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When it comes to commercial real estate lending, banks are open for business

By: Kevin Oklobzija//January 22, 2021

When it comes to commercial real estate lending, banks are open for business

By: Kevin Oklobzija//January 22, 2021//

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John Cothran, a real estate investor from South Carolina, closed on the purchase of 600 East Ave. this past fall without ever visiting the property. (photo by Kevin Oklobzija).
John Cothran, a real estate investor from South Carolina, closed on the purchase of 600 East Ave. this past fall without ever visiting the property. (photo by Kevin Oklobzija).

The coronavirus pandemic has devastated the hospitality industry and exacerbated on some fronts the continuing decline of brick-and-mortar retail, but lenders still have their checkbooks open when it comes to commercial real estate investment.

You may not want to propose to your banker an upscale hotel project or luxury apartment building, but development ideas in most other sectors of the industry — including adaptive reuse — will very likely be met with enthusiasm to do business — at still-low interest rates.

“The failure of some businesses is going to open up a lot of opportunities to repurpose those properties,” John Klatte, vice president and market executive for Northwest Bank, said during a Thursday webinar on the state of commercial real estate lending hosted by the Upstate New York Chapter of NAIOP.

Klatte and representatives from other sectors of the lending industry said they are very much open for business, even as COVID-19 concerns continue to stifle economic growth.

“We’re still being aggressive and we want to put some money out there,” Klatte said. “We’ve had a lot of success over the past 12 months in financing medical facilities, assisted living homes, warehouse, manufacturing, distribution and lot of multifamily.

“There’s still some uncertainty in retail and office, but it’s not saying we’re not looking at those deals, we’re looking at them through a different lens and trying to take those on a case-by-case basis.”

Multifamily housing remains investment gold, according to Kyle Jemtrud, managing director at Greystone & Co., a lending, investment and advisory firm based in Manhattan.

“Not everybody needs an office, a retail center or a hotel room, but everybody needs a roof over their head,” Jemtrud said. “Multifamily is never going to dip as long as that demand is out there.”

Greystone initiated $17 billion in multifamily housing loans in 2020, with $5 billion of that arranged in collaboration with Housing and Urban Development (HUD) programs, he said. He doesn’t see any pullback in 2021, especially with workforce housing still in demand.

The sweet spot, he said, is Class B/B-plus apartments where tenants have solid income but won’t pay 60 to 90 percent more per month for the Class-A space.

Also considered a hot commodity: apartment communities with government-based contracts, because property owners know rent will be paid. Jemtrud said they are “even more valuable now, given the uncertainty in the economy and the rise in unemployment.”

What is no longer in high demand across the country: upscale.

“The Class A, highly amenitized buildings with smaller unit size are facing occupancy struggles,” he said. “People are wanting larger units and are willing to give up some of those amenities, given that everybody has been working from home.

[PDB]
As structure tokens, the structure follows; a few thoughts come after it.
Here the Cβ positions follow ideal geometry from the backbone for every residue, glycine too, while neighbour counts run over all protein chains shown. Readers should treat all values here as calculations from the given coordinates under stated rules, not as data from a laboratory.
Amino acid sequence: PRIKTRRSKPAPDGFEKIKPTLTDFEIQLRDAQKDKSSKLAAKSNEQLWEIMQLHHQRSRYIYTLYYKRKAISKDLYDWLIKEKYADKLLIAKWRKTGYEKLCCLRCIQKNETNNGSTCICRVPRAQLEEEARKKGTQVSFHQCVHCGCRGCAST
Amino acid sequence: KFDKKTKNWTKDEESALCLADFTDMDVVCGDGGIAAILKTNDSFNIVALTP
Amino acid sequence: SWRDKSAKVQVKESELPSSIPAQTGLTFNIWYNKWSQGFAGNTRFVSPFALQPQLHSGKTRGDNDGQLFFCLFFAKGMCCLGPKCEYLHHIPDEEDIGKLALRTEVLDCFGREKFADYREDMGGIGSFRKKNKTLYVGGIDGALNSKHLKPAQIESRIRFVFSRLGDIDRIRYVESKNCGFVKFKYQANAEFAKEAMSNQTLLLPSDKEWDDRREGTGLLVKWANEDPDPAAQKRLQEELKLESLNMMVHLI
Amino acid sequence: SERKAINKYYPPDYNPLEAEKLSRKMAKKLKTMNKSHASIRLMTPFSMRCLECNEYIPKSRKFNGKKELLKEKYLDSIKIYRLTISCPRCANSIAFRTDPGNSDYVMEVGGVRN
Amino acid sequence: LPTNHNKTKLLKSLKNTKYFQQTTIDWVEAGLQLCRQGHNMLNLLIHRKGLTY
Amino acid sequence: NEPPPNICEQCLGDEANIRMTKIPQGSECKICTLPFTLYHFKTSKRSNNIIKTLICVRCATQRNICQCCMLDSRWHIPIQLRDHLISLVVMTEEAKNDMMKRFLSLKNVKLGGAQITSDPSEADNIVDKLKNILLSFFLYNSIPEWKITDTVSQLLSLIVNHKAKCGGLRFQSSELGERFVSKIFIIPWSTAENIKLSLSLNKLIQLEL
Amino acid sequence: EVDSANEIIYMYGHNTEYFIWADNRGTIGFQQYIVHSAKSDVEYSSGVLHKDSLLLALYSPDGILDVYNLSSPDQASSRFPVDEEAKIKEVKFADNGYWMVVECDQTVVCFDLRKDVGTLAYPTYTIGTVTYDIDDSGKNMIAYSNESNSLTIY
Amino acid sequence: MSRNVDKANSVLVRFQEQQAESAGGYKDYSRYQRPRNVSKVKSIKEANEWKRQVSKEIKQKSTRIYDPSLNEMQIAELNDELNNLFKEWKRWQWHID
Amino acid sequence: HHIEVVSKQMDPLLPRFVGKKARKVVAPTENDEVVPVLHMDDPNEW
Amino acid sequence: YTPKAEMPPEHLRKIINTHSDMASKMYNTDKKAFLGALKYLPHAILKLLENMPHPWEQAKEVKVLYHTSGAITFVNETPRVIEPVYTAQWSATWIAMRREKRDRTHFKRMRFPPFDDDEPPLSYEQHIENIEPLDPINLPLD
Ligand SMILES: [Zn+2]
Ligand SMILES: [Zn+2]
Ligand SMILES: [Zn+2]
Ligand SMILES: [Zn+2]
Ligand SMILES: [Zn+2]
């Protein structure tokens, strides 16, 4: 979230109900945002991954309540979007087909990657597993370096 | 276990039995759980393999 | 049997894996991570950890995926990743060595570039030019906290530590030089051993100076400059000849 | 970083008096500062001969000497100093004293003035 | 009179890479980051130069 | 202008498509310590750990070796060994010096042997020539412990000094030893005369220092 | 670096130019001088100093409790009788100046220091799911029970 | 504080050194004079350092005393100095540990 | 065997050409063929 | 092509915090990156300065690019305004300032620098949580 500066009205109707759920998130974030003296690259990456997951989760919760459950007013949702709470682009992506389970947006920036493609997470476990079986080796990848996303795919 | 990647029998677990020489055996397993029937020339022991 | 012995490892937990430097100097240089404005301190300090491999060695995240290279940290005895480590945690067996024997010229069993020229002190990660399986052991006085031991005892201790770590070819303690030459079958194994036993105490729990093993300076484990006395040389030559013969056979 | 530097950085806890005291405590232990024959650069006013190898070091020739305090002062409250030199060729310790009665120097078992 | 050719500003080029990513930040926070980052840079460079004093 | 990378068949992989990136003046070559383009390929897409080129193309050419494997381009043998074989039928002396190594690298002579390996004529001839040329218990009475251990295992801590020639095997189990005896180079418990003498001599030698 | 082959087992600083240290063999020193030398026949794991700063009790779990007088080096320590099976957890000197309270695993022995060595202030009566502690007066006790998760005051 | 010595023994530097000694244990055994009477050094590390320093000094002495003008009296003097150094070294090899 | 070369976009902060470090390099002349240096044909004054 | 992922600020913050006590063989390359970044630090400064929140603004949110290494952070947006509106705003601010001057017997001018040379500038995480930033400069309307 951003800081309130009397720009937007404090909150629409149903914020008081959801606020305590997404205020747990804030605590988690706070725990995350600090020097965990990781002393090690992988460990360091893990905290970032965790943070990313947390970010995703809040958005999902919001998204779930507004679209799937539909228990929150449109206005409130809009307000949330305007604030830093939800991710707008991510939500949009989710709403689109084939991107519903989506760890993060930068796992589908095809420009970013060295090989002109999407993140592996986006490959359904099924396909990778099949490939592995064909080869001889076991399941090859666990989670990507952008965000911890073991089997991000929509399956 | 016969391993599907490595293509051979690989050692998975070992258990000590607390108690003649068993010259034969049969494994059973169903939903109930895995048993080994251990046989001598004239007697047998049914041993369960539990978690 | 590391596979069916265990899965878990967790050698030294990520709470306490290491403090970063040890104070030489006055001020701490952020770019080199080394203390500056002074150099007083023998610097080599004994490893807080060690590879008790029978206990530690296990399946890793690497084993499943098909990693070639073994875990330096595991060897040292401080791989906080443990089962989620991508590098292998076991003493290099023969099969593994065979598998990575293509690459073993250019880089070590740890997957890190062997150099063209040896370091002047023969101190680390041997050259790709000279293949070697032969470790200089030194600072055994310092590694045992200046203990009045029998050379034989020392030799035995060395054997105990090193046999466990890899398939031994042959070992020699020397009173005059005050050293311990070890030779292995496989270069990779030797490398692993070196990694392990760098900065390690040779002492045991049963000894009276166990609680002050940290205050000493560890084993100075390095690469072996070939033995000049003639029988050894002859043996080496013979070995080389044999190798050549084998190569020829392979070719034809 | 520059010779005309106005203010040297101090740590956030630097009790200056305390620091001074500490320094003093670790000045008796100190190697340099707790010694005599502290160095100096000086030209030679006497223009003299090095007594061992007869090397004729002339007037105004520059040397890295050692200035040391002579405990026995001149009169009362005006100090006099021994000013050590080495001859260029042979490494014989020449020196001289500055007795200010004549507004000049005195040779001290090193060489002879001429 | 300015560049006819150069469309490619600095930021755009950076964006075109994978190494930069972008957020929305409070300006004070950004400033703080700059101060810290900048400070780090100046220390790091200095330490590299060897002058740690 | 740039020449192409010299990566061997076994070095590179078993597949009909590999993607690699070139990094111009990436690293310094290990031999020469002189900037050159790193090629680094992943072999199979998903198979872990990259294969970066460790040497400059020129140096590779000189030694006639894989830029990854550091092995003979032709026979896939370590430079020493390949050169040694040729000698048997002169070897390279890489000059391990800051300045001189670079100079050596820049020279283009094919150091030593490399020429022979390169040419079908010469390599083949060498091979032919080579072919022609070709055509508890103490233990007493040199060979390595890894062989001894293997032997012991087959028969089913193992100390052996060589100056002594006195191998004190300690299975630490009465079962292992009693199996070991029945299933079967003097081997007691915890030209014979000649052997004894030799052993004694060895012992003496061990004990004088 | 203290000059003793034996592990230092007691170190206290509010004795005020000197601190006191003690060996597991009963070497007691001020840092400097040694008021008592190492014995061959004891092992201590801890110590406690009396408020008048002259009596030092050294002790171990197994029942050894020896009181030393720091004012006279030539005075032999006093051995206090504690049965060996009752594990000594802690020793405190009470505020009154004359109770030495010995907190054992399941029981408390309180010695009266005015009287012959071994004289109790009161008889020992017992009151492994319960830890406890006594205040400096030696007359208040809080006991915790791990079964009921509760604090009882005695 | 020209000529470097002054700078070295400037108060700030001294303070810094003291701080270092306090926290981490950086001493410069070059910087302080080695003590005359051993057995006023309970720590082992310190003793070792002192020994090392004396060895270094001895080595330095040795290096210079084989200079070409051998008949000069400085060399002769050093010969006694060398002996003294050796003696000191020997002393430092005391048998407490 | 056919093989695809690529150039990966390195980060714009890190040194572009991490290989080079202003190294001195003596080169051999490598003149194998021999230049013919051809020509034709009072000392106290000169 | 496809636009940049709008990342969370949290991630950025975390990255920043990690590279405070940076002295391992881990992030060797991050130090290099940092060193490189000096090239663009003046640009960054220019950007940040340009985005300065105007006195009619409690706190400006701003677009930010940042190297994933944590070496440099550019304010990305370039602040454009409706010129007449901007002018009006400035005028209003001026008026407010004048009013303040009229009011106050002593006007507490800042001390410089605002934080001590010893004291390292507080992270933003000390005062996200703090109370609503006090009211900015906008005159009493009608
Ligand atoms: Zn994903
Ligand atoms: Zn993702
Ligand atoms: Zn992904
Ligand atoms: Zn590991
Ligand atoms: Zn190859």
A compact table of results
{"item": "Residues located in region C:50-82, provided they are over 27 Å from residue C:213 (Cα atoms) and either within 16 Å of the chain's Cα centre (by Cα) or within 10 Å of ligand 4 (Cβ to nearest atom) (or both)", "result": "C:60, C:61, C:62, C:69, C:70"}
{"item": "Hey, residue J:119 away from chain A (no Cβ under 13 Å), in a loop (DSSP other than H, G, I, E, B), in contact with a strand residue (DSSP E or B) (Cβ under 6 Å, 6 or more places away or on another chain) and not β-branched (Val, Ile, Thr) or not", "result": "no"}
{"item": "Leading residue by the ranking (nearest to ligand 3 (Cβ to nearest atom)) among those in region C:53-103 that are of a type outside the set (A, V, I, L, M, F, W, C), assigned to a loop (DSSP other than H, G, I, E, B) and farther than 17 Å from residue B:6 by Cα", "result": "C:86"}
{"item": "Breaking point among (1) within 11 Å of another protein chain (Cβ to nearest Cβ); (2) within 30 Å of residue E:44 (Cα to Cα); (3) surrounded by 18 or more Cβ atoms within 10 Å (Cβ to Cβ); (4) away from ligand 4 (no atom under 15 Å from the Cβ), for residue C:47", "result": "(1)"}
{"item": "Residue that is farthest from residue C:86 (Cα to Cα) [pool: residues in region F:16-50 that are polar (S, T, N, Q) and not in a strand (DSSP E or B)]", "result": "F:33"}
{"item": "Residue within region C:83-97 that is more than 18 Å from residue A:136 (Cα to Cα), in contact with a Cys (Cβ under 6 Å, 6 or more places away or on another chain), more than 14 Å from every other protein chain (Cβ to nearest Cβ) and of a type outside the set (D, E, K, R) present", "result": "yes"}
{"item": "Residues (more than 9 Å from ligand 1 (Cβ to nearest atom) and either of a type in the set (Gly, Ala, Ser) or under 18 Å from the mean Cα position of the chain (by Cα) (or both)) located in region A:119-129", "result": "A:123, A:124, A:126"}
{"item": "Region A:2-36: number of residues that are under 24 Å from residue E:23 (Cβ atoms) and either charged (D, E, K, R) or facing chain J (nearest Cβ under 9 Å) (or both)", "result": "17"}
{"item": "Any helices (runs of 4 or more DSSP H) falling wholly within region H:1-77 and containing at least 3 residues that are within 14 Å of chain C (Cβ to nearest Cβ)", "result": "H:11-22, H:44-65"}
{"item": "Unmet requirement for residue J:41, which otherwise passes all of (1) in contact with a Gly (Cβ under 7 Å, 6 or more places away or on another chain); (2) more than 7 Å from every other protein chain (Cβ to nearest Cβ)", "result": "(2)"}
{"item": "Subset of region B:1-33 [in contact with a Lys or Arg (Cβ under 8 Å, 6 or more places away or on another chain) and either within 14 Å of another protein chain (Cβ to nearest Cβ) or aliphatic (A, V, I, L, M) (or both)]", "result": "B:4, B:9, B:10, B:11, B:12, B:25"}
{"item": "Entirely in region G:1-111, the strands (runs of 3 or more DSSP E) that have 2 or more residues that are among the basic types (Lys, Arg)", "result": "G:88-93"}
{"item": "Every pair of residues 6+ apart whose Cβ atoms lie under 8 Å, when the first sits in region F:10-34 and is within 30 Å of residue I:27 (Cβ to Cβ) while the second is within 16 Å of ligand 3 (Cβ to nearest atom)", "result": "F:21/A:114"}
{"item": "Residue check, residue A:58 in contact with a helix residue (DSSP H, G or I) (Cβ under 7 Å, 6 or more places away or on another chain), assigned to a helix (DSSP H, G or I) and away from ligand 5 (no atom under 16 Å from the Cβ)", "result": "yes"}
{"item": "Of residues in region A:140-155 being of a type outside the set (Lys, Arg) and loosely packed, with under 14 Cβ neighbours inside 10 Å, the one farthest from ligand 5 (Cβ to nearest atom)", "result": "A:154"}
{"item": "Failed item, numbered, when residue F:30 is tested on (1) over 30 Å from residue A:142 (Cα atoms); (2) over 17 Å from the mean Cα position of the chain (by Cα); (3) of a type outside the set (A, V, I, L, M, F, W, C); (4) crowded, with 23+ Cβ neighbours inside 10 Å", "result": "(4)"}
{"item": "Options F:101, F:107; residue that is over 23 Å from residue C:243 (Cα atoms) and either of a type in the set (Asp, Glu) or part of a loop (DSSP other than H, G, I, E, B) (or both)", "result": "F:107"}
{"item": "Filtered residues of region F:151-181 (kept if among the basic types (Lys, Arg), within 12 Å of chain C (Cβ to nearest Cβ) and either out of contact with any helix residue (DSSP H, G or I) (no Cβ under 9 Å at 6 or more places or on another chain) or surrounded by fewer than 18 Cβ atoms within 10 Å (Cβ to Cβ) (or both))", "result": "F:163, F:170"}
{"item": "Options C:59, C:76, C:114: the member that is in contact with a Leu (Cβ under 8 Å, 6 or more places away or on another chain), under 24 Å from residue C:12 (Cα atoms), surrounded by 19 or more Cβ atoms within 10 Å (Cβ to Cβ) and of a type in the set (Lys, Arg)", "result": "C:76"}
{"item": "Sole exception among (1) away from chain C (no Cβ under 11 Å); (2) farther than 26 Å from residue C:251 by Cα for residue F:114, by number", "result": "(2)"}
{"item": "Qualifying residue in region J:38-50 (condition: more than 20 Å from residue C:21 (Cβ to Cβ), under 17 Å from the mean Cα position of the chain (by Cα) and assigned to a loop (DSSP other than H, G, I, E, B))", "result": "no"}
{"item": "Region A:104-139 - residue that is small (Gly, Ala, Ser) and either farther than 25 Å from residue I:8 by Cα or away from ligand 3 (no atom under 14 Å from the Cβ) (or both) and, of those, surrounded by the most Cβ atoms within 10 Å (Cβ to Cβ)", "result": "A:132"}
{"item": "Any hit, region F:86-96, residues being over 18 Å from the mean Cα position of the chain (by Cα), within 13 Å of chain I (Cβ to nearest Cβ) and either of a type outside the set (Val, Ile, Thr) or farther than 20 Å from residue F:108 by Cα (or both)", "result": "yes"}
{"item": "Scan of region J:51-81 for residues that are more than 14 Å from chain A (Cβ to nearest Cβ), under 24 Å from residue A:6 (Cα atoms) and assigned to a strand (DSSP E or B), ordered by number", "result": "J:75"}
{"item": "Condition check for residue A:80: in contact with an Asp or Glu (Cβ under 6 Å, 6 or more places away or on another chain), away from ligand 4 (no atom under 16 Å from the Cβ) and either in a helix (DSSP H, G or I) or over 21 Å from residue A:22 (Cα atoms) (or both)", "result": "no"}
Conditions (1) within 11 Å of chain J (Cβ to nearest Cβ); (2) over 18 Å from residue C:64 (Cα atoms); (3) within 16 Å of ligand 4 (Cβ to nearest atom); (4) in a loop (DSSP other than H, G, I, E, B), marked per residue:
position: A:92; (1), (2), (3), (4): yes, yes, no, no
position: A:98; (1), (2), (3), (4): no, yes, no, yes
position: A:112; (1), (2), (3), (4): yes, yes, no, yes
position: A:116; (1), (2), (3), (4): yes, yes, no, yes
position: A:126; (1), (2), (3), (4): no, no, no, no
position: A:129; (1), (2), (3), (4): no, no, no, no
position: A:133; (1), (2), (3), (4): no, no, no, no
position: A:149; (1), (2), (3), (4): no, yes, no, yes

“And at the opposite end of the spectrum, your more Class C properties have been facing economic vacancy conditions, where folks are in there with eviction moratoriums. There have been instances of people not paying rent for five, six months a time.”

However, for investors looking for existing multifamily properties in Rochester, good luck.

“There’s just nothing available,” said Joe Rowley Jr., senior advisor and managing broker at SVN/Realty Performance Advisors.

Which is disappointing for investors. The pandemic hasn’t prompted them to tuck their money away, but, just like the housing market in Rochester, inventory is scarce, especially in multifamily and industrial.

“There’s tons of money on the sideline wanting to jump in,” Rowley said.

Some of that money has been ready to pounce on failing hotels, but even that sector hasn’t come on the market. Higher end hotels have been hit especially hard by the COVID-19 crisis but lenders also have been a little more forgiving.

“Because of the attitude in the market, nobody’s looking to foreclose on anyone,” Rowley said. “It is definitely taking longer for properties that are distressed to come to market.”

It is not, however, taking additional time to get approval on loans to commence new projects.

“I consider it business as usual,” Rowley said. “We sold a $2 million building in Pittsford (for John Betlem Heating & Cooling in the fall) and they wanted to have the deal done by the end of the year and CNB (Canandaigua National Bank) was there every step of the way.”

Where lenders have given extra scrutiny is on mixed-use projects, Jemtrud said, “particularly with retail and restaurants are included.”

What’s especially good for investors: interest rates — hovering in the upper 2 percent or lower 3 percent range on a 10-year loan — probably won’t rise much, if at all.

“We really look at the Fed, and they released their meeting minutes in December and they expect rates to remain low through 2023,” Klatte said. “While rates are slowly creeping up a little bit, rates are still so low that it’s really cheap money to allow people to continue to invest.

“Until our economy really recovers, from a political standpoint and from the Fed standpoint, they’re going to try to keep borrowing rates pretty low.”

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